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Surveillance or Chemo?

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  • Surveillance or Chemo?

    First of all, sorry for my bad english, my native language is german...

    I'm 29 years old and had orchiectomy a few weeks ago.

    4 days after orchiectomy the AFP and Beta HCG was still elevated, but
    the second blood test (11 days after orchiectomy) was good:

    AFP: 9.7 mcg/l (lab reference < 10 mcg/l)
    Beta HCG: <0.002 U/ml (lab reference < 0.002 U/ml)

    The CT scans shows no signs of metastasis.

    The pathology report mentions a mixed tumor:

    - embryonal carcinoma (mainly)
    - Yolk Sac Tumor
    - intratubular germ cell neoplasms (carcinoma in situ/Seminoma)

    Stage: pT1

    I had a meeting with my oncologist.

    He said the following:

    - RPLND is nowadays uncommon (especially in europe)
    - in my case a 2 cycle BEP chemotherapy would be the best option.

    I did read a lot in the last few weeks about TC, different studies, cancer forums and so on.

    In my case the oncologist would not recommend surveillance as an option, the risk of having small metastasis which are now not detectable is as high as 90 %, because of my mixed tumor.

    I did read a lot about a risk of around 30 % on different webpages, this would be no problem for me to handle it. But a risk of 90 % is extremly high.

    Any opinions or ideas? Is the risk really that high?

    Good luck to all!
    Last edited by skaempf; 05-19-05, 12:30 PM.

  • #2
    (1) Here in the US, two-cycle adjuvant BEP is not recommended. The reasoning is as follows (copied straight from

    "Some countries in Europe (particularly the UK and Germany) plus a few sites in the US are now recommending 2 cycles of adjuvant chemo for patients with high risk stage I nonseminoma. Their thought is that if they can't see the spread of cancer on CT scan, but the pathology report indicates that it is likely to have spread, then they can save the patient from surgery or excessive chemo by giving them just two cycles of BEP chemo right away. Unfortunately, neither I nor most of the experts I have talked with agree with this thinking.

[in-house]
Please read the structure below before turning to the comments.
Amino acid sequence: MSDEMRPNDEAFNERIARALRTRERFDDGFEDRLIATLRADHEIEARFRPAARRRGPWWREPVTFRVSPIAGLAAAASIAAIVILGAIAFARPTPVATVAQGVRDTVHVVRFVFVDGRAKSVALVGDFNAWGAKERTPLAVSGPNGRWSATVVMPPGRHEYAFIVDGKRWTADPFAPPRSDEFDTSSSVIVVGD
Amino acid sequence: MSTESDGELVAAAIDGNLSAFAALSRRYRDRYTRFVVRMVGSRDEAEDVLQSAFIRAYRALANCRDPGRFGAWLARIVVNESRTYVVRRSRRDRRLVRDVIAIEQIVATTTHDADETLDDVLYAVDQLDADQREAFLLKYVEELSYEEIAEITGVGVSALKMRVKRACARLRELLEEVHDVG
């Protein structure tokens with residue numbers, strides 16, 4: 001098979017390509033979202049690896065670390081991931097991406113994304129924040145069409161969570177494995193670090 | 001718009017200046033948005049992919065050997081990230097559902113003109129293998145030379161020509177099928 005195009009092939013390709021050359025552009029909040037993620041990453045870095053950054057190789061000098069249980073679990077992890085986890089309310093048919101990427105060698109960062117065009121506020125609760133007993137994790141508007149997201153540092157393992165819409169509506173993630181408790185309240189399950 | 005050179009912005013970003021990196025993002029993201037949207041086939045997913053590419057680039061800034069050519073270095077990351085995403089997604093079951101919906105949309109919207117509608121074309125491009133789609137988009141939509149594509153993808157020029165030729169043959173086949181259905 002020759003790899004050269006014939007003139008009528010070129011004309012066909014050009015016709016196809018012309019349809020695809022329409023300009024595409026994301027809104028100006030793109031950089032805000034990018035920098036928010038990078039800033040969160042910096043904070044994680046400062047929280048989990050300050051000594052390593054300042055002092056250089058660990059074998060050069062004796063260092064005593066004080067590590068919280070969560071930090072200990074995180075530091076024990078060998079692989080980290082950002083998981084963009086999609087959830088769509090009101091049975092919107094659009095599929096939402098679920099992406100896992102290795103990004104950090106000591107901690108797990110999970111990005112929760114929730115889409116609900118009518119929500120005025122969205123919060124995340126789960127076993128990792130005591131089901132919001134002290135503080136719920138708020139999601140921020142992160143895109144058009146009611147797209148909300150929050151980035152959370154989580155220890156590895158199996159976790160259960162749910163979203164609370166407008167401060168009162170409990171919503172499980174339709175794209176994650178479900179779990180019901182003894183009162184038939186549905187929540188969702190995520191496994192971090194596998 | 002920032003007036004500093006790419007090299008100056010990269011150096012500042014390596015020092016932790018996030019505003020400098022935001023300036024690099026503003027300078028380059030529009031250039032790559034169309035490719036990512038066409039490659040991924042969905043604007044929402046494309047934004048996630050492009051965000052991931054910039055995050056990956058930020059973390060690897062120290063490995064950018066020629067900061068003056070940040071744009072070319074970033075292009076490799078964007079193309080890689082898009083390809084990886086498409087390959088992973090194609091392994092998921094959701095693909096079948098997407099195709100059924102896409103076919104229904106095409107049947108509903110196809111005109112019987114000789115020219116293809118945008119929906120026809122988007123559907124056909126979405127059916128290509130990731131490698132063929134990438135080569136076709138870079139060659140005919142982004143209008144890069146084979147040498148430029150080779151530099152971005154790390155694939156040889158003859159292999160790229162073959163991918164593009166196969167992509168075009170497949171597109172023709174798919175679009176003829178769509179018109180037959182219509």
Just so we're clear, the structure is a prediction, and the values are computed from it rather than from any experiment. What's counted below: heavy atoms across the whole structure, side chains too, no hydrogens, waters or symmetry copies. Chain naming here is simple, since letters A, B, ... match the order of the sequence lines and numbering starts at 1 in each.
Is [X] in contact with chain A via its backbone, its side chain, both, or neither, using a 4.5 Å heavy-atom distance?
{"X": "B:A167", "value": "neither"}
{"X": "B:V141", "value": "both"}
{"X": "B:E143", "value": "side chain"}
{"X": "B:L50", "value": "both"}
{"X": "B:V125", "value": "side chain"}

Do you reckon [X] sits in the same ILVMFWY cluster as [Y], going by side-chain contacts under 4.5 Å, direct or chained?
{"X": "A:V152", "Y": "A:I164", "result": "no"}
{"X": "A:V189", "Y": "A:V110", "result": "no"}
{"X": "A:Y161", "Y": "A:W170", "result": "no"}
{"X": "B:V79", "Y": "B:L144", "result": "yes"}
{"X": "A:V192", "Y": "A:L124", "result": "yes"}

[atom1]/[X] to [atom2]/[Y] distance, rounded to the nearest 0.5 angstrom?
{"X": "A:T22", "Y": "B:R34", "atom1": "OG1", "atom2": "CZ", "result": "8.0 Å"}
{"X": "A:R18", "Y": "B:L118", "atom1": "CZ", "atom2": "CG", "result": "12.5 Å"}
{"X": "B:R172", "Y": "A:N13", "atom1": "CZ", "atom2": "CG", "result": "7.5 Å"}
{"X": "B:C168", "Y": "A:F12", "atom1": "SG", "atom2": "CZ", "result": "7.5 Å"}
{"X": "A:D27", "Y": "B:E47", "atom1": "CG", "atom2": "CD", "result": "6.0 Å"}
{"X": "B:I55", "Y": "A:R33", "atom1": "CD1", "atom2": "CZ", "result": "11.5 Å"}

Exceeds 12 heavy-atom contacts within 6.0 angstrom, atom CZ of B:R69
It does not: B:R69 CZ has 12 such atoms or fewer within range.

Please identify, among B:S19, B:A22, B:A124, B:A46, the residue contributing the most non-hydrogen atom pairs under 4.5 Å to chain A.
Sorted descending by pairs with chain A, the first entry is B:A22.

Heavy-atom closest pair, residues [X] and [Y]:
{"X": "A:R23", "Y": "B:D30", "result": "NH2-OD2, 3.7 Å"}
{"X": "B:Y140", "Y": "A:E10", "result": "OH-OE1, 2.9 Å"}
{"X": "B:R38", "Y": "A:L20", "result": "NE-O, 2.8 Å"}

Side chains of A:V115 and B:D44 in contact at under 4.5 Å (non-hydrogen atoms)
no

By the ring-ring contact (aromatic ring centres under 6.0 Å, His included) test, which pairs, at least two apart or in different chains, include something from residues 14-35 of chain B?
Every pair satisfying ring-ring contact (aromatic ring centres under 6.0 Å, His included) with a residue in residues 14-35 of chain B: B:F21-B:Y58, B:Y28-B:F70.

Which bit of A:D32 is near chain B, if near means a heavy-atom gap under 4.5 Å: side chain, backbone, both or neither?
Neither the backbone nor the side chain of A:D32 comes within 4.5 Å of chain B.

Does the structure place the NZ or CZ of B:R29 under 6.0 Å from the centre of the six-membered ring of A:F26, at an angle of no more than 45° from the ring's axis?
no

First of all, the success rate of the standard chemotherapy and surgical procedures is so high (~98%) that it would take a very large sample of people to ever prove that the 2 cycle regimen is equivalent to the existing protocol. It would take many years to get enough people to run the study, and even then, you would have to watch for many years to ensure that no one is suffering from recurrences years later.

    Secondly, the argument for using two cycles of chemo is based on the fact that only microscopic clumps of cancer have spread so far. This is a very poor assumption. Unfortunately, the CT scan that we often rely on is only accurate 80% of the time. In other words, 20% of the time it may be falsely negative - 20% of the time it says there are no enlarged nodes when, in fact, there are enlarged nodes. I know of one person who was told that he was stage I, and was thinking about the two cycle approach. He decided to choose surgery instead. When they opened him up, they found LOTS of cancer. If he had been treated with just two cycles of chemo, it would not have been enough to cure him, but it probably would have been enough to make the cancer resistant to cisplatin based chemo.

    Finally, a substantial number of men with high risk stage I nonseminoma were actually cured of their disease during the orchiectomy. The two cycle approach is not a lot of chemo, but it is two cycles more than many guys need."

    (2) I think the 90% probability for metastasis is overstated. High risk for spread of non-seminoma Stage I (100% embryonal carcinoma with vascular and lymphatic invasion) is reported in the literature as 46%. That is, even in this high-risk category every second person is cured by the orchiectomy alone. Average risk quoted in the literature for spread of Stage I non-seminoma is 30%.

    Beste Gruesse hier aus Atlanta. Stell sicher das Du nicht der erste Hodenkrebsfall bist den deine behandelnden Aerzte sehen. Du willst jemanden haben der eine erhebliche Falldichte (und damit Erfahrung) hat.